Dan Beachy-Quick's debut novel is an impressionistic story about a disillusioned man trying to reconcile a complicated relationship with his father. Actually, that's a description of Terrence Malick's 2011 film “The Tree of Life,” but it similarly applies to “An Impenetrable Screen of Purest Sky.”
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When Coffee House Press publisher Chris Fischbach first encountered the ruminative, nonlinear novel, he quickly saw connections to the Malick movie, noting both works' appealing ambition and "visionary strangeness and beauty." Both, we'd add, are unconventionally told, labyrinthine, preoccupied with the cosmos and operating on their own syntax. Not easy-breezy, in other words, but the best fall releases rarely are.
Beachy-Quick's syntax announces itself on Page 1, in a sentence so long and crammed with subordinate clauses that to read it is to understand you'll probably need to reread it to understand it: "The chair — a man so deeply versed in theory that, caught in the analytic rigor of a minor point in Borges (what kind of shoes the librarians wore …) wouldn't notice that the toothpick he kept twirling had some minutes ago lost its shrimp, which, in his half-agitated foot-tapping, he was grinding into paste on the antique rug ..." and so on.
The toothpick-twirling subject here is a department chairman at a college who gives the novel a whiff of ivory-tower erudition but isn't a key character. The protagonist of this autobiographical novel is Daniel, a teacher at said college, who's consumed with trying to finish his novel — this novel — incorporating fairy tales; literary allusions; a myth-obsessed absentee father; a long-gone sister and mother; Lydia, his down-to-earth physicist lover; a serious Moby Dick obsession; an even more serious tendency toward introspection; memory; the unreliability of memory; and Pearl. We don't know a lot about Pearl, except that she's a little girl who — in more abstract, symbolism-heavy chapters — explores the ocean under her bed. Speaking of symbols, there are many: whales, mirrors, pearls, glass, clocks, books, weaving and the multiverse.
Do you follow? That's OK, Daniel isn't sure he does either, often questioning where the threads of his story are going, if anywhere: "a novel whose taproot (digs) down into fairy tale, but from that root, split(s), rhizome-like, erupting out of the ground in shoots and leaves that seem wholly unconnected to their source." It's a book aware of itself, like Italo Calvino's "If on a winter's night a traveler" or, to use a more recent example, the self-reflexive "Percival Everett by Virgil Russell" by Percival Everett.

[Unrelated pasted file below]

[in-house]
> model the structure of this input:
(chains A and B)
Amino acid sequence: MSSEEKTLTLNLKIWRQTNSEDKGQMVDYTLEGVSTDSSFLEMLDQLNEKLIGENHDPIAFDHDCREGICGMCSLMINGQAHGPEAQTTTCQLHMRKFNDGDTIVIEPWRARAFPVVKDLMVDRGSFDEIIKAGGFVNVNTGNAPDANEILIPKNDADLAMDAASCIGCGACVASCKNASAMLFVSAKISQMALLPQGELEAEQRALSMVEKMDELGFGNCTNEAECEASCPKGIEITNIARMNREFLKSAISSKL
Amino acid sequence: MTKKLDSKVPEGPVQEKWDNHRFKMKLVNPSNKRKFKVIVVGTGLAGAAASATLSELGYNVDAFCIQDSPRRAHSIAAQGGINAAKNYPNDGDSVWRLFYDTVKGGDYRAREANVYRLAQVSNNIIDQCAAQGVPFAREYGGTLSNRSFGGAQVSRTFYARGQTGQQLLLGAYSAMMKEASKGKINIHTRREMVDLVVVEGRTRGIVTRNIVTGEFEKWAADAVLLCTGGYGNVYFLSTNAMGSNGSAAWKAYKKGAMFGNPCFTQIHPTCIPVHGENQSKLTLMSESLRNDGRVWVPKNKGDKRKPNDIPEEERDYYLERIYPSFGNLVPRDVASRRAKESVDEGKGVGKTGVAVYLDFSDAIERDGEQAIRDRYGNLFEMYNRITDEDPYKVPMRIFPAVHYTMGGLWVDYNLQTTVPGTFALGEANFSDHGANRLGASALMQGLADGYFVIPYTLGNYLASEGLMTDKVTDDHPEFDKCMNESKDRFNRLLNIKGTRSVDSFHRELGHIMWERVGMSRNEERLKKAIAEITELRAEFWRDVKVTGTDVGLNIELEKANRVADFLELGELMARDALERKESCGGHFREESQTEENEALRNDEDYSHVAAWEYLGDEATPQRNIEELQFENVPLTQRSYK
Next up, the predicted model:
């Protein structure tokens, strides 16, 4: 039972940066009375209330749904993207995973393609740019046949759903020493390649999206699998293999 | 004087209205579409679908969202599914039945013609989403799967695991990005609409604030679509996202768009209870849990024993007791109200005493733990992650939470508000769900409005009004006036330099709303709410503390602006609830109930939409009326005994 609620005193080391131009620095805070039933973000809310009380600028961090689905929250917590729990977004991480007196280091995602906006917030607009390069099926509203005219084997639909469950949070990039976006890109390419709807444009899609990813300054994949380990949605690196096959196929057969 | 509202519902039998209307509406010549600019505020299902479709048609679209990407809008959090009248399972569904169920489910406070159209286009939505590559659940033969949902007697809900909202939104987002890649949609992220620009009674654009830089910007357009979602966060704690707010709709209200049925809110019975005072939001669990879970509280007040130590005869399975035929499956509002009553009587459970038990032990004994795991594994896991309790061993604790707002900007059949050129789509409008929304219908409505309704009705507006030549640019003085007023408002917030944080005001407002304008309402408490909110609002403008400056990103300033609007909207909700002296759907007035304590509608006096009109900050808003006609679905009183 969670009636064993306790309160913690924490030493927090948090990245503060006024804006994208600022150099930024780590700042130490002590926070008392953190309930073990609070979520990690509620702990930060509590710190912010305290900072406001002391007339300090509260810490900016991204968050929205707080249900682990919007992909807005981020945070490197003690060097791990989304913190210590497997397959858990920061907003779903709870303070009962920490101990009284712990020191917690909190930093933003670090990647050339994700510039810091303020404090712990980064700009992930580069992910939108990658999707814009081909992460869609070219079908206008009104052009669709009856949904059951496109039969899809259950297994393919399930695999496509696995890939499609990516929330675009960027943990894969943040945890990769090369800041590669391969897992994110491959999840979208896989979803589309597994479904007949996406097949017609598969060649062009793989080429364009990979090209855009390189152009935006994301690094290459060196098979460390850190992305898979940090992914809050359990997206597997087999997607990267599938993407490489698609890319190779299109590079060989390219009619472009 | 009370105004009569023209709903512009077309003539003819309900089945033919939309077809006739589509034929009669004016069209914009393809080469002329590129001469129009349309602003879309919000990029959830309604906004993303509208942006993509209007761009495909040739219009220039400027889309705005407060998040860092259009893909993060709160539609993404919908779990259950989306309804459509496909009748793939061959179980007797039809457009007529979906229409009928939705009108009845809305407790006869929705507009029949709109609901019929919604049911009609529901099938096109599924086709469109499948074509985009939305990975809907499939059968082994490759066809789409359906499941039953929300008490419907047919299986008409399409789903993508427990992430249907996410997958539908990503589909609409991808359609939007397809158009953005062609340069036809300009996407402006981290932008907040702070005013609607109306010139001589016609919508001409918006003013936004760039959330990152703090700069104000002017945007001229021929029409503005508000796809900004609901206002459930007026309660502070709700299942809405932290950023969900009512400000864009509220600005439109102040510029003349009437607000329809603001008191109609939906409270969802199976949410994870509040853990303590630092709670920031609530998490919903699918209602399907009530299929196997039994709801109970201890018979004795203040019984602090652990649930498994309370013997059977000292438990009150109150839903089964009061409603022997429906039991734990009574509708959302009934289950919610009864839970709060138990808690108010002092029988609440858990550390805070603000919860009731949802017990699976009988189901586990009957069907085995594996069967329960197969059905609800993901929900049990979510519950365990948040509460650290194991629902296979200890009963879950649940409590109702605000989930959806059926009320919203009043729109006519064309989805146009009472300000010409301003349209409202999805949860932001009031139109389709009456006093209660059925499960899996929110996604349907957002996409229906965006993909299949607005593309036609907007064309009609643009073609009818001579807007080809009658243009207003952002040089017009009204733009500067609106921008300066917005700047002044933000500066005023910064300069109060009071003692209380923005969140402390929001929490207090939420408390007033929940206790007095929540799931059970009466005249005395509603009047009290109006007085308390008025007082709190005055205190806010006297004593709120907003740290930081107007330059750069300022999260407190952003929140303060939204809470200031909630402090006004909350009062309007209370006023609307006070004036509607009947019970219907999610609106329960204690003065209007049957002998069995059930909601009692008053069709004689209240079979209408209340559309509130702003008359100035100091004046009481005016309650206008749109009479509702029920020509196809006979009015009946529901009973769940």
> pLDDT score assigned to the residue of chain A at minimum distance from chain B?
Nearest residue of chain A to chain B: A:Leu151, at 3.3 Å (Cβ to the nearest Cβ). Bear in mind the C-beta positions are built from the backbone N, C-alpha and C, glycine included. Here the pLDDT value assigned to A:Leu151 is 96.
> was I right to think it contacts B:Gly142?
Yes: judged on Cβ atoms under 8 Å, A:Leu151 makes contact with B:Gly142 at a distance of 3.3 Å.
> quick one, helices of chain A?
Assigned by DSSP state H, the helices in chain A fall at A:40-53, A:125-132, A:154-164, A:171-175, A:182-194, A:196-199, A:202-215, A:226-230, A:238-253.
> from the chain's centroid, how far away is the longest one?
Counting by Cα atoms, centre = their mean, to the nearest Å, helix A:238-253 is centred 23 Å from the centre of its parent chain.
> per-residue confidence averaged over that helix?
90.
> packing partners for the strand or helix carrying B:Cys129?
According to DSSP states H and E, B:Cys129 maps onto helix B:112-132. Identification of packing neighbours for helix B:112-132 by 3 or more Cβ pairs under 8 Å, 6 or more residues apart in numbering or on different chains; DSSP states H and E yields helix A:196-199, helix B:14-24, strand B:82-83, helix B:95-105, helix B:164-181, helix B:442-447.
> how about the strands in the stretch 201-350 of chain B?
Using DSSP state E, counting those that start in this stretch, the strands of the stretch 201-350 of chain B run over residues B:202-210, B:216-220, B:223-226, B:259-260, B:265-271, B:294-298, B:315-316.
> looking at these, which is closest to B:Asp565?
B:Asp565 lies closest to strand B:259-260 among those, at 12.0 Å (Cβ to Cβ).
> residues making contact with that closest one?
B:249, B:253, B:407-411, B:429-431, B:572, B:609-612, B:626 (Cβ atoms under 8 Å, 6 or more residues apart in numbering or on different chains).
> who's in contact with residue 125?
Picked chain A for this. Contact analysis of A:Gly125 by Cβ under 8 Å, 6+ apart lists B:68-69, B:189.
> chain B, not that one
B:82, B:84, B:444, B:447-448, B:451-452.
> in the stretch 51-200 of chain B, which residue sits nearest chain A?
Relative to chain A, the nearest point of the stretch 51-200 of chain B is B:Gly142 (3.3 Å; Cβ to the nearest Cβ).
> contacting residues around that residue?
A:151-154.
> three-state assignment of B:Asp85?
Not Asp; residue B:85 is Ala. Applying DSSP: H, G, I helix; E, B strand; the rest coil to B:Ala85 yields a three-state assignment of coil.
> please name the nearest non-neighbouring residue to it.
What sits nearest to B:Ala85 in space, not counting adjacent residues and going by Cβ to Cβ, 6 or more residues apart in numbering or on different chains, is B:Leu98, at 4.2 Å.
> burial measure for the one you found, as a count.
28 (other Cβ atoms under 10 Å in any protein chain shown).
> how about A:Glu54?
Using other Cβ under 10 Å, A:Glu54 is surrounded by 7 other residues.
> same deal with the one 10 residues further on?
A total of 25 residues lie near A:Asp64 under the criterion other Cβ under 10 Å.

Even if you didn't know that Beachy-Quick is a poet (the Chicago-born author has written five collections), there are signs in "An Impenetrable Screen." Like other poets-turned-novelists, he doubts his ability to craft a plot and writes with heightened lyricism, an ear for rhythm and rich sensory detail. When he talks about the weather, you can feel it in your bones: "The night was bitterly cold. No stars. A kind of brittle fog, unique to our landscape, had settled in. The streetlamps with their cloudlike nimbus lit the walkway."
Not every sentence is a Henry James-style epic stuffed with detail (thankfully). But what's apparent throughout — in this story that opens in a library, ends in an academic office and brims with literary allusions — is the author's love of language. There are flashes of poetry, analyses of classic texts and snippets of writing by famous authors folded into the narrative ("But life is elsewhere," Daniel says at one point — a nod to Milan Kundera).
This isn't the first time Beachy-Quick has pursued "Moby-Dick" in his writing. In 2008, he wrote an experimental, philosophical essay collection about the white whale, "A Whaler's Dictionary." At times, the narrative almost drowns in overly obvious symbolism: a character named Ishmael, for instance, and a sea of pearl metaphors. But what's successful about "An Impenetrable Screen" is that it never loses sight of its story, despite its obsessive analysis of storytelling. There are real characters, Lydia being the most fleshed-out among them (the chapters about her are a welcome reprieve from Daniel's hyper-introspection, his mind's hall of mirrors). There is tension and dramatic arc. There is — spoiler alert — a real ending.
When the credits rolled on "The Tree of Life," my friend's mom felt compelled to yell in the theater, "What a piece of garbage!" Some will find "An Impenetrable Screen" similarly impenetrable. Others will appreciate the fact that for a novel about something as heady as the "fiction of the self," its disparate threads — allusive, philosophical, observational or otherwise — are often quite beautiful. Dive in, and beneath Beachy-Quick's carefully sculpted language, you'll find a love story.
Laura Pearson is a Chicago-based journalist specializing in arts and culture reporting.
"An Impenetrable Screen of Purest Sky"
By Dan Beachy-Quick, Coffee House, 232 pages, $15.95